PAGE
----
SAN BENITO, Texas (ValleyCentral)— According to, there have been six school shootings in 2023 and numerous cyber threats made by students.

ValleyCentral reached out to Dr. Diana Chapa, child and adolescent psychiatrist with UTRGV School of Medicine, about these alarming trends, and she says this generation is not seeing the difference between the online world and reality. By blurring those lines, children are not realizing that there are consequences to their actions.

Chapa said signs of bullying to look for in child behavior are becoming more irritable, not wanting to go to school, no longer wanting to engage in things they liked before, not getting enough sleep and a change in their friend groups.

“If you’re noticing anything like that, that’s one of the early signs to be able to say, ‘Hey, let’s talk about what’s going on,'” Chapa said. “Because by the time you can’t do that, by the time the violent act is perpetuated, it’s too late.”

According to the National Cyber Security Center, there was a 38% increase in cyber threats last year compared to 2021. Education, government and health care organizations were targeted the most.

Words have power, and while some may think a verbal threat can be meaningless, you could be charged for making a terroristic threat, even if it was made in a “private conversation.”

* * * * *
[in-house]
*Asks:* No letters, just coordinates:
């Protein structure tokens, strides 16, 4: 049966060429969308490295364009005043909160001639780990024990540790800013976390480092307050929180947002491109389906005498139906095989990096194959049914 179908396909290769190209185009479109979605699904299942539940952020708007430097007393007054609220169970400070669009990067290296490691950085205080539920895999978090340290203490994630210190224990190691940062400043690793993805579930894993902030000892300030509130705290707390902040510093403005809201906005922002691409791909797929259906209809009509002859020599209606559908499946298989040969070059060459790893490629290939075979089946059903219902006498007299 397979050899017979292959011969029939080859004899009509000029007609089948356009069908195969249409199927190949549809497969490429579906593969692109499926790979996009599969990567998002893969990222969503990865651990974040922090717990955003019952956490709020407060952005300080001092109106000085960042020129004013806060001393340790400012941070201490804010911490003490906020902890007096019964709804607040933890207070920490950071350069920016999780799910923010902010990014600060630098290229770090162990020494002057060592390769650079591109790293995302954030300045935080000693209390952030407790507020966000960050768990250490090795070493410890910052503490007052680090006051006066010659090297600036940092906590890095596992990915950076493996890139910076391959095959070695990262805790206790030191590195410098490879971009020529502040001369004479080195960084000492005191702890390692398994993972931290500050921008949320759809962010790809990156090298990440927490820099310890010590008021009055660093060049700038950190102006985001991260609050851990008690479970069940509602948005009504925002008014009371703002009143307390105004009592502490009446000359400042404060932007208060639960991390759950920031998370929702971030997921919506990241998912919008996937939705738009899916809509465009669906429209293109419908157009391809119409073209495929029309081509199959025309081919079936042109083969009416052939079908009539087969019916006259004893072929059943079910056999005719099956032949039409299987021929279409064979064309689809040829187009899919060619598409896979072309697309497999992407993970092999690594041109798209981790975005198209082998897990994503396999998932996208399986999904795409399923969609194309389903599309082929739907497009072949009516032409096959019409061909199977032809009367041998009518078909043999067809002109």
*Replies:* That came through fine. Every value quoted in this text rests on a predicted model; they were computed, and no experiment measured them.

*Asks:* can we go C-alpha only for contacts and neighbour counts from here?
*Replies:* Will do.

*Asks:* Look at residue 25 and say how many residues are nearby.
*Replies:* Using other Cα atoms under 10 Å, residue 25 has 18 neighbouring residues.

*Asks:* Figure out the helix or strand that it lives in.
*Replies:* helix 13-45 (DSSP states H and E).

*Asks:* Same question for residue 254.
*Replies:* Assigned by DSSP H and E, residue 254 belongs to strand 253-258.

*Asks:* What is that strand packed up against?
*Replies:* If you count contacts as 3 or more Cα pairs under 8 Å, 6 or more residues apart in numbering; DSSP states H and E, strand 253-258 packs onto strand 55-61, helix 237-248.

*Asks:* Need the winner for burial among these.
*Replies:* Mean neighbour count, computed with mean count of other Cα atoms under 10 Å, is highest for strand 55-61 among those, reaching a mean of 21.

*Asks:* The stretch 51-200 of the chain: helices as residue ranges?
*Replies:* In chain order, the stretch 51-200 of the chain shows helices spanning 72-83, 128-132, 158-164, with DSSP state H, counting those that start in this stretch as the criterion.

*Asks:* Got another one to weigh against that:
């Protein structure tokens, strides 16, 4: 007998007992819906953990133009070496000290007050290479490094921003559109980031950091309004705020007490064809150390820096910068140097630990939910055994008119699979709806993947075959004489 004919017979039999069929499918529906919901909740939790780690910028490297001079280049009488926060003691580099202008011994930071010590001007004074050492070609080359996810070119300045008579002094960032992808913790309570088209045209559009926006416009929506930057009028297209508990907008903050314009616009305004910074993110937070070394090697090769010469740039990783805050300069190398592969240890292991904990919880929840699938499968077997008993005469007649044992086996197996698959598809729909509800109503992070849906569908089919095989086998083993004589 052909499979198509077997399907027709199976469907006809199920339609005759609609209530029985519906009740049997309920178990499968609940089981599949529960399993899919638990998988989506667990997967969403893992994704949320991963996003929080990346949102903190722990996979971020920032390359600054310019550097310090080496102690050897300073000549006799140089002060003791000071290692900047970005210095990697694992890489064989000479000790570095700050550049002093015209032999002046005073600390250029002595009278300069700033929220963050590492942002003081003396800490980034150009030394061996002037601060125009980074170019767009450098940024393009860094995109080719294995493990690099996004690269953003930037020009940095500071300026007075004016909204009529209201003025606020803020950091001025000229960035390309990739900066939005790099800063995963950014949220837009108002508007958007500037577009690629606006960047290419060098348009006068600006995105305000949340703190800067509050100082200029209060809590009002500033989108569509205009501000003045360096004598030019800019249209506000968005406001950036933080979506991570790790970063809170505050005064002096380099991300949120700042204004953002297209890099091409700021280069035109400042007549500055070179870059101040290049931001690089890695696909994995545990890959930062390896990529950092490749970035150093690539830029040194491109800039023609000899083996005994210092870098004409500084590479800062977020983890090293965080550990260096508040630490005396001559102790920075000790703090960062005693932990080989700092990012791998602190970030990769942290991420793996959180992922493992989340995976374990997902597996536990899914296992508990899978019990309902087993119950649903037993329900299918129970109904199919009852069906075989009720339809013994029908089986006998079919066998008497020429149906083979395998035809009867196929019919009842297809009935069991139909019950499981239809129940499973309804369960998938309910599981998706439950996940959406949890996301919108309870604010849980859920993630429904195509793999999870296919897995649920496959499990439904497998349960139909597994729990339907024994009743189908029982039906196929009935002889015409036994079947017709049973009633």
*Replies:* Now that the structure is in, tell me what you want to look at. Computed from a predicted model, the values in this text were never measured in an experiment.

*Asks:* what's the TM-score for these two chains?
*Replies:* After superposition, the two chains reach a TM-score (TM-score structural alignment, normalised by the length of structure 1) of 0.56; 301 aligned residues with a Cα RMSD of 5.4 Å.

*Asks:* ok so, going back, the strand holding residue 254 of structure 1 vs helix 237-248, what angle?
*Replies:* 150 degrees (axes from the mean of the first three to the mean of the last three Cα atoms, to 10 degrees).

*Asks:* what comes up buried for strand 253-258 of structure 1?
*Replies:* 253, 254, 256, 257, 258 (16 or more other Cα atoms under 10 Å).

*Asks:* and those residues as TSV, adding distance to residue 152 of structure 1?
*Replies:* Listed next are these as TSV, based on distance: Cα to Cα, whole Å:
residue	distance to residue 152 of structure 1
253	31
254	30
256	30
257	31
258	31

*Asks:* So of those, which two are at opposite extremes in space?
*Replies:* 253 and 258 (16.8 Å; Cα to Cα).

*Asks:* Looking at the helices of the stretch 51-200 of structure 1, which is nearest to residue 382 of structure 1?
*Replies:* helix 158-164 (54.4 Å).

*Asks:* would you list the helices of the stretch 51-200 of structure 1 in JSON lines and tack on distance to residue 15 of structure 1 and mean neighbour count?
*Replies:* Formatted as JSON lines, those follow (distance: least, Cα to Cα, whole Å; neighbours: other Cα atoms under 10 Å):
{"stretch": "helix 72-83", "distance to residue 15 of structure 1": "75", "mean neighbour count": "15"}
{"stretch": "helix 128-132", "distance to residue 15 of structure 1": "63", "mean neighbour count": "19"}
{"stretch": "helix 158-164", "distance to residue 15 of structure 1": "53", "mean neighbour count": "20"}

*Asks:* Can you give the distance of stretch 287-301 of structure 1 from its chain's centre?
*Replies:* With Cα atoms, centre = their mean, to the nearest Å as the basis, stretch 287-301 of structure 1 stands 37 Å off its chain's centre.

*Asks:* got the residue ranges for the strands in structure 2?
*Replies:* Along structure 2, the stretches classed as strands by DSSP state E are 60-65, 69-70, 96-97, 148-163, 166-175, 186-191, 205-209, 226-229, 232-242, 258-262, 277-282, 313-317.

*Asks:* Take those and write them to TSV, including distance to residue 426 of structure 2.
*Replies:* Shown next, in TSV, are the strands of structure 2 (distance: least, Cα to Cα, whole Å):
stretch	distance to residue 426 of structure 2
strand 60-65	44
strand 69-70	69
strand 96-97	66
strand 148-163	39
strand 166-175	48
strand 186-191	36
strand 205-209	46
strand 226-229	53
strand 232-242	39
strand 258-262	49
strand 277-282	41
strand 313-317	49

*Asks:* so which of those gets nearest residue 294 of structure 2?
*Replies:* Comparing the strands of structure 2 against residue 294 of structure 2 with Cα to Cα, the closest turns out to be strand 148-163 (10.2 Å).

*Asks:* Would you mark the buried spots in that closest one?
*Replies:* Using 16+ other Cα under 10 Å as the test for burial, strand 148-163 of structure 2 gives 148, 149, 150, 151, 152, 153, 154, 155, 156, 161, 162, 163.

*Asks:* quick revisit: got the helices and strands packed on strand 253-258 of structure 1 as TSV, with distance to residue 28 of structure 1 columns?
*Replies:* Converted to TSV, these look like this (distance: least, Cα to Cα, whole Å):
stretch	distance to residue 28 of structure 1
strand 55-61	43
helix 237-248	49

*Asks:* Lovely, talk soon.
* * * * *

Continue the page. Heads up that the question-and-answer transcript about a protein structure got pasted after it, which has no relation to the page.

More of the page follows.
Judge Adela Kowalski-Garza, with the 484th district court, said all threats are taken seriously, even if the threat was said as a “joke.”

“Too bad so sad,” Kowalski-Garza said. “You’ve committed the crime of terroristic threat, a third-degree felony because you had the intent of interrupting or disrupting the occupation of a building.”

All threats are taken seriously, so officials advise parents to talk to their children and tell them to think twice before making a threat, online or in person. 

“Whether it’s a misdemeanor or a felony, we automatically detain any terroristic threats,” said Rose Gomez, Chief of Juvenile Probation for Cameron County. “And we take them before the court.”

She said children who make terroristic threats are usually screened at Tropical Texas Behavioral Health “to determine if that child was an imminent threat to others.”